May 3, 2012 at 9:45 am
An Interview with Peter Hoyt, CEO, Path to Purchase Institute
MaxPoint interviewed Peter Hoyt, CEO, Path to Purchase Institute, recently on the shopper marketing industry and how it is changing with the emergence of new technology. The interview focuses on the change in the shopper marketing path-to-purchase and recommendations for how to reach shoppers at every touch point – highlighting digital advertising. Check out the full interview below.
MaxPoint: With more technology, resources and information available to shoppers these days, the shopper pathway is moving away from a simple, linear model to a highly complex, non-linear model. Retailers and Brands are now challenged with new and expanded touch points to reach and build relationships with shoppers. What are your thoughts on how marketing strategies need to change in order to reach shoppers at every touch point?
Hoyt: It’s easy to over complicate the challenge. Like anything else, if you break it down into smaller pieces, it’s pretty straightforward. One of the big differences between traditional marketing and shopper marketing is that with shopper marketing one targets a segment of shoppers (people who want or need diapers, shampoo, a refrigerator, etc.). So instead of trying to blanket a demographic by harvesting ever greater reach or GRPs, shopper marketers hone in on the path their prospective customer is most likely to take and seek to intercept her, as often as possible with a relevant appropriate message.
Procter and Gamble likes to work with a framework that I think helps a lot. They call it “Store-Back”. Think about your shopper’s journey backwards, so to speak. Start where she would encounter your product in-store… at the shelf (Packaging? Signage? P-O-P?), then move out to when she is “on the go” (mobile? OOH?), or at home or pre-shopping (Search? Social? Strategically placed banner ads?).
More traditional vehicles can be incorporated as well. We’re seeing more and more consumer magazines and other media begin to describe their audiences in terms of being comprised of shopper segments and their media as offering meaningful touch points on the path to purchase. Just bear in mind, the further you get from her mission, the less direct impact your messaging will have on the ultimate purchase decision.
MaxPoint: What marketing channels do you see being the most impactful in reaching shoppers on the path to purchase?
Hoyt: I should probably stop holding them up as the paragon of marketing virtue but again, I would point anyone who is thinking about this to consider the approaches being taken by P&G. P&G pretty much coined shopper marketing in its current form. They fight hard to get their messaging in-store. But retail communications is very hard to scale. If one chain is accepting and responsible about merchandising compliance, the next will be less so. P&G’s approach is to “control what you can control”. So they’ve been investing very heavily in all things digital. They are successfully engaging shoppers on-line, through search, social, well-placed banners. Anywhere and everywhere she might be looking for answers or resources, they want a P&G product to appear with the appropriate message.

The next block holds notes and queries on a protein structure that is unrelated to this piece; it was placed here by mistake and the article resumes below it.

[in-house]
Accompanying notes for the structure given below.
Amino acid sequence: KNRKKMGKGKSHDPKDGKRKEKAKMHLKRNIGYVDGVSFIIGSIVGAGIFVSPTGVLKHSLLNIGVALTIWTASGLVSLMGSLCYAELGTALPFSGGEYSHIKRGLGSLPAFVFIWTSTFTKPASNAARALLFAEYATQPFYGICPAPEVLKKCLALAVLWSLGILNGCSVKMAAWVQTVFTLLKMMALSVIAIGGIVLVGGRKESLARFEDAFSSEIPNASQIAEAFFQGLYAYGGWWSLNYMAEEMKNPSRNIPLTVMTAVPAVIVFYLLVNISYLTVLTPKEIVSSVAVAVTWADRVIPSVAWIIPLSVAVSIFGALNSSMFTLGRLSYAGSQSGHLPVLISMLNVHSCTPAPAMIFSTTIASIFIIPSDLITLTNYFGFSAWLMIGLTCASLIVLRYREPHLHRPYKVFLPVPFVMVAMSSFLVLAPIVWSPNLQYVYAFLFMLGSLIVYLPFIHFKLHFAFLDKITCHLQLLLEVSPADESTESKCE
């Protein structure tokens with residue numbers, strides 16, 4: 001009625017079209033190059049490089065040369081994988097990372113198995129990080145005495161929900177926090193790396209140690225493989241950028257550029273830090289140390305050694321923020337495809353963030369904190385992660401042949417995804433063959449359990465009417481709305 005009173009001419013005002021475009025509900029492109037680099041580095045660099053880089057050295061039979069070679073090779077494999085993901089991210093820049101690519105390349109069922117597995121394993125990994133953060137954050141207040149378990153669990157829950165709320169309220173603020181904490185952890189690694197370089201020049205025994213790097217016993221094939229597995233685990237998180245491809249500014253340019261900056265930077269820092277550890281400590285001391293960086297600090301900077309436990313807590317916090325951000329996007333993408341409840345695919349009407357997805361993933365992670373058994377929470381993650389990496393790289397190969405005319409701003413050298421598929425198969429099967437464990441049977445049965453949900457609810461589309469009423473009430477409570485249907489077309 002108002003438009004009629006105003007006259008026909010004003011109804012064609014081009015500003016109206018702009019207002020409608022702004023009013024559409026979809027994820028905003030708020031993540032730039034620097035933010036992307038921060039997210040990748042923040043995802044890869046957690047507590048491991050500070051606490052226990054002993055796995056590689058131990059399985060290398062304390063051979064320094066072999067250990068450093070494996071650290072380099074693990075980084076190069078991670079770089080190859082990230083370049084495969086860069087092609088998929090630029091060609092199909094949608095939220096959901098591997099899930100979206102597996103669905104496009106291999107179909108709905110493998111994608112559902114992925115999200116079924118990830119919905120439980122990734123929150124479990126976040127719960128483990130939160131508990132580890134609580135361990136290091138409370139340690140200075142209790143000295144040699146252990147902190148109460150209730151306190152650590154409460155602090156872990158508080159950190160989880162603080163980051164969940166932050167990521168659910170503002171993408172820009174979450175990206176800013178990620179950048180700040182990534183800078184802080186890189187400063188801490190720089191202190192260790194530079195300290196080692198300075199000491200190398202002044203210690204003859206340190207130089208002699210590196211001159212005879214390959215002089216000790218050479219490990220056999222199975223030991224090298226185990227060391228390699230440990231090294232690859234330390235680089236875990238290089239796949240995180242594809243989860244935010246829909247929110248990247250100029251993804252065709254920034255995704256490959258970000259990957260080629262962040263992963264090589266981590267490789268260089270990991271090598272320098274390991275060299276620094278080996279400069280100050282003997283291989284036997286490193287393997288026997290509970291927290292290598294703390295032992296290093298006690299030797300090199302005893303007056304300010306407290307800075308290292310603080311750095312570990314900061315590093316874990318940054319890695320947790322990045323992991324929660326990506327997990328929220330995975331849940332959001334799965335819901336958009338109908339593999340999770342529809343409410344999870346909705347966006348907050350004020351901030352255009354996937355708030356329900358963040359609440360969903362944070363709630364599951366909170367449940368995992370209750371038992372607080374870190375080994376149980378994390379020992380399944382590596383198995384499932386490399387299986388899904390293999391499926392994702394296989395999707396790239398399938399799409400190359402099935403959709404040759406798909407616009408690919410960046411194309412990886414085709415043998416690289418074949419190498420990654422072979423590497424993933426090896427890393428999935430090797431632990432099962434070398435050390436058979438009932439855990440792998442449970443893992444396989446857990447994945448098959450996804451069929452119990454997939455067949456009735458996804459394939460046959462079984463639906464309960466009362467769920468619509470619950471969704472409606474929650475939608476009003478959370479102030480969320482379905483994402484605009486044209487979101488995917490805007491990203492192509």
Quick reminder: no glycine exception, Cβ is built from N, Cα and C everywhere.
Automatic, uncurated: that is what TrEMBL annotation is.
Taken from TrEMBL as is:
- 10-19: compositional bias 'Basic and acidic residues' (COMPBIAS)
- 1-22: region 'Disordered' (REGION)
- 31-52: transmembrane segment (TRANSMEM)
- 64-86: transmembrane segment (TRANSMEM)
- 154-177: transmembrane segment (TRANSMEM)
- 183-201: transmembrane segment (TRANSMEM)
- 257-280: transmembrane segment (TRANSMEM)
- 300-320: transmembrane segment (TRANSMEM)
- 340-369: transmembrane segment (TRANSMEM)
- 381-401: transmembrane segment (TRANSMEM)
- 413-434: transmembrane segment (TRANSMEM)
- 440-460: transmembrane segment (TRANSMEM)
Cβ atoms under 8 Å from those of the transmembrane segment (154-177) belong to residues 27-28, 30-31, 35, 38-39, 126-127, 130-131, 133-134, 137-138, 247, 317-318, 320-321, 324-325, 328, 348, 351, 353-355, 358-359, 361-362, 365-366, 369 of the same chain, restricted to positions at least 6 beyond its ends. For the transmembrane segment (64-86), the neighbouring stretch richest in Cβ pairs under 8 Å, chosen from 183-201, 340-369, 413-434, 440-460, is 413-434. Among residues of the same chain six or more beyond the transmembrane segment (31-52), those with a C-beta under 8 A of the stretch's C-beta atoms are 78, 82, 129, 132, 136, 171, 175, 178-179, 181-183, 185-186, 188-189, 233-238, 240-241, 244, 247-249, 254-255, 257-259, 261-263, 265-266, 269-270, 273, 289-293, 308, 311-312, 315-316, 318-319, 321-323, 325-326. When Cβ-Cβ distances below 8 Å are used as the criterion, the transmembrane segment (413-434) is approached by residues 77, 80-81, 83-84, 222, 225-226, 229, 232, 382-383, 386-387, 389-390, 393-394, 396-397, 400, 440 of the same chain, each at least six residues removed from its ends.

A lot of what P&G sells is targeted to younger women, often younger mothers. In this case digital is especially important. Millenials, the 18-35 year old set, use the web to find answers twice as often as Baby Boomers, and when she has her first baby, her use doubles again. Across all age groups, she is going on-line for up to 45 minutes before she goes shopping. Whether she’s looking for value or assortment, the fact is that the primary target for most messaging directed at shoppers can be effectively reached on-line.
MaxPoint: Do you see digital advertising as an impactful way to reach these consumers? If so, would you recommend more shopper marketing dollars being budgeted towards digital advertising methods to reach shoppers before heading in-store?
Hoyt: I recommend that folks fish where the fish are. If your target audience is using the web to gather information, find answers, decide where to shop or what to buy, then, by all means, you should invest in a more robust digital presence. Ask a lot of questions of your customers. Only do so with a “Store-Back” mentality and the path will reveal itself.
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